First Read has mentioned before how global warming has become a hot topic for some presidential candidates, in part because of the success of Al Gore's "An Inconvenient Truth." Today, the Senate Environment and Public Works Committee is holding a hearing on the issue, and chairwoman Barbara Boxer has asked her colleagues who have offered pertinent legislation to testify. Among the witnesses expected are Biden, McCain, and Obama. Clinton is a member of the committee and is expected to attend. NBC's Strickland notes that some of the witnesses may wind up on the same panel.
The Wall Street Journal emphasizes the significance of House Democrats' $463.5 billion spending bill, which is "designed to keep the government operating for the rest of the fiscal year and bridge the gap left by the collapse of the budget process last fall. Never before in modern times has Congress attempted this type of streamlined funding resolution on such a large scale. The bill touches almost every corner of the government, down to securities transaction fees charged by federal regulators and even lawmakers' pay."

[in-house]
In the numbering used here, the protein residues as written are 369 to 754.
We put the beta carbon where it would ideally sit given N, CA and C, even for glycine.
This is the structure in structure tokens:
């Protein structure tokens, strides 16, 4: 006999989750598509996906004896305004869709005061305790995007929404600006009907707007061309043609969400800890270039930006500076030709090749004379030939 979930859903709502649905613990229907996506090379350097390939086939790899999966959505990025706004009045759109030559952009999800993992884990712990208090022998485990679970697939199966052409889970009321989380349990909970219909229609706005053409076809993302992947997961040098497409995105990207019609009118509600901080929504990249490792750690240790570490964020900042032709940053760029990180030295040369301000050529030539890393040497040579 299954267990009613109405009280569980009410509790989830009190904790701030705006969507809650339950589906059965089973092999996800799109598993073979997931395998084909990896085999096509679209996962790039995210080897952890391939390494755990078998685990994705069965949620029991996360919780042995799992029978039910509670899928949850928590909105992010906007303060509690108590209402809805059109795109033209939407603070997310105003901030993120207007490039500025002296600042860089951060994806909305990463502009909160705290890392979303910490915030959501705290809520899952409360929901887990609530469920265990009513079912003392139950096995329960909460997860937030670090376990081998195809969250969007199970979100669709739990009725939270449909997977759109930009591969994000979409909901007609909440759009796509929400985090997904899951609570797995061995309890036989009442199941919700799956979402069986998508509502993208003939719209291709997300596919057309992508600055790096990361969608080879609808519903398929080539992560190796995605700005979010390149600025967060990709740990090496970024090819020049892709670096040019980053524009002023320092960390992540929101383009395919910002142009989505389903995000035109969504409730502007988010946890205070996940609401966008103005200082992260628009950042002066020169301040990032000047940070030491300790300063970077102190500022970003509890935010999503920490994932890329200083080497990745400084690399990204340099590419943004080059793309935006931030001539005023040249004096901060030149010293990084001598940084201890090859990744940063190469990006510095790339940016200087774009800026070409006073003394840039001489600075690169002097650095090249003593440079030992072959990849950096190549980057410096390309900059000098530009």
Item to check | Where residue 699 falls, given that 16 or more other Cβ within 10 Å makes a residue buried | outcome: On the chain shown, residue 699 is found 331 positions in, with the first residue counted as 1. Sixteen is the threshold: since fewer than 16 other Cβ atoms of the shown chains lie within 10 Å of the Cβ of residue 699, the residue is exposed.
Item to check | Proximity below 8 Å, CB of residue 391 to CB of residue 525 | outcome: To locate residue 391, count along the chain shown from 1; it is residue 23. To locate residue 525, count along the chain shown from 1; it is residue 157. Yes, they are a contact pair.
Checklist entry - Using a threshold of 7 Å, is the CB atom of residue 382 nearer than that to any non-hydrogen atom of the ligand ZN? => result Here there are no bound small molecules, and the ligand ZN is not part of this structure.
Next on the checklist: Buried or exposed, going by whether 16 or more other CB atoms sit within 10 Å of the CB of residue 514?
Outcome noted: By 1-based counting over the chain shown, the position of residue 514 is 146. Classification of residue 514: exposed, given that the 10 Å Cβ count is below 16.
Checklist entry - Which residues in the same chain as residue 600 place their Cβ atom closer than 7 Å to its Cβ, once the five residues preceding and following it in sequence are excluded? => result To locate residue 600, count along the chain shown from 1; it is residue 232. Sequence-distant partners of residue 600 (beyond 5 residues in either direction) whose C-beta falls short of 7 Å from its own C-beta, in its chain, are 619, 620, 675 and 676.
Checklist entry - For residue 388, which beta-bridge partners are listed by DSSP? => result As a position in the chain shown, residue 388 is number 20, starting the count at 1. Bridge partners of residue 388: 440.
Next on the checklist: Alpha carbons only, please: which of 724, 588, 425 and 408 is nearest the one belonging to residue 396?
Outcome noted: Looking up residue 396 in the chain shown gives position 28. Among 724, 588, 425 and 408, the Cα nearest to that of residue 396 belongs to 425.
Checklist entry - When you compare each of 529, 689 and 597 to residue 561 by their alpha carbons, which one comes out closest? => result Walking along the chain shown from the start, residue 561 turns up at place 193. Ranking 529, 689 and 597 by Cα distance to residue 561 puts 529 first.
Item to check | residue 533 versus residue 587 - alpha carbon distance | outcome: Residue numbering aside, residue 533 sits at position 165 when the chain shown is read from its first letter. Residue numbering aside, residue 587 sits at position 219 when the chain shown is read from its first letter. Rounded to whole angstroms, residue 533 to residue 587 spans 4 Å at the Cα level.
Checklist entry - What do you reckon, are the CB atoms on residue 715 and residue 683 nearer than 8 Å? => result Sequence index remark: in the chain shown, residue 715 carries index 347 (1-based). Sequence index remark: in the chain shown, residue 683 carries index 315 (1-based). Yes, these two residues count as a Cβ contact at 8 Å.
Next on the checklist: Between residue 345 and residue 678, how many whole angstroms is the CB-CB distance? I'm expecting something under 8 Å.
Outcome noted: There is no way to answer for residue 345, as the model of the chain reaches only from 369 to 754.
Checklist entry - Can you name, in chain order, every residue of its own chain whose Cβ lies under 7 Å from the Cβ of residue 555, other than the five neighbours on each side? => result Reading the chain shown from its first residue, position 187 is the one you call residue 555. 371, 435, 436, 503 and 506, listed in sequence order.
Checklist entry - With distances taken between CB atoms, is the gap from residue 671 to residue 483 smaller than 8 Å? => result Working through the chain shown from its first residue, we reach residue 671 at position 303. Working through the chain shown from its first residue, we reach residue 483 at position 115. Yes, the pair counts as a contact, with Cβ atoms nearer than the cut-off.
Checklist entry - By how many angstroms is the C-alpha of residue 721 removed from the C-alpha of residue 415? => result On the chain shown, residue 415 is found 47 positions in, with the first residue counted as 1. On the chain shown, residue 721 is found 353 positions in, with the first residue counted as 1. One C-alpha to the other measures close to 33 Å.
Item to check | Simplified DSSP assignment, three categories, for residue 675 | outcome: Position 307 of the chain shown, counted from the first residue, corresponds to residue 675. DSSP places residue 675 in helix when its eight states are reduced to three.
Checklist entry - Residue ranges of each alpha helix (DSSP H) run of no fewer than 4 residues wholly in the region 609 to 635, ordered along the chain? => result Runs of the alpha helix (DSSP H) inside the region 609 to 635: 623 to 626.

NBC political analyst Charlie Cook writes in CongressDaily AM, "As tempting as it must be for Democrats to embark on a big, bold and ambitious policy agenda, particularly after having been mired in minority status for a dozen years, the simple truth is that between the reality of narrow majorities and their decision to abide by PAYGO -- pay as you go spending/taxing rules -- their options are few and limited to relatively small ticket items."
Bush told NPR yesterday that his dropping of the "-ic" from "Democratic" during his State of the Union address was an accident. (Note that the original version of Bush's week-ahead schedule that was released to reporters over the weekend listed Bush as speaking to "the House Democrat Conference" this Saturday. Last night, the White House issued a new week-ahead schedule which says he's speaking to the "House Democratic Conference.") The Los Angeles Times is the latest to delve into why this particular semantic issue rankles Democrats.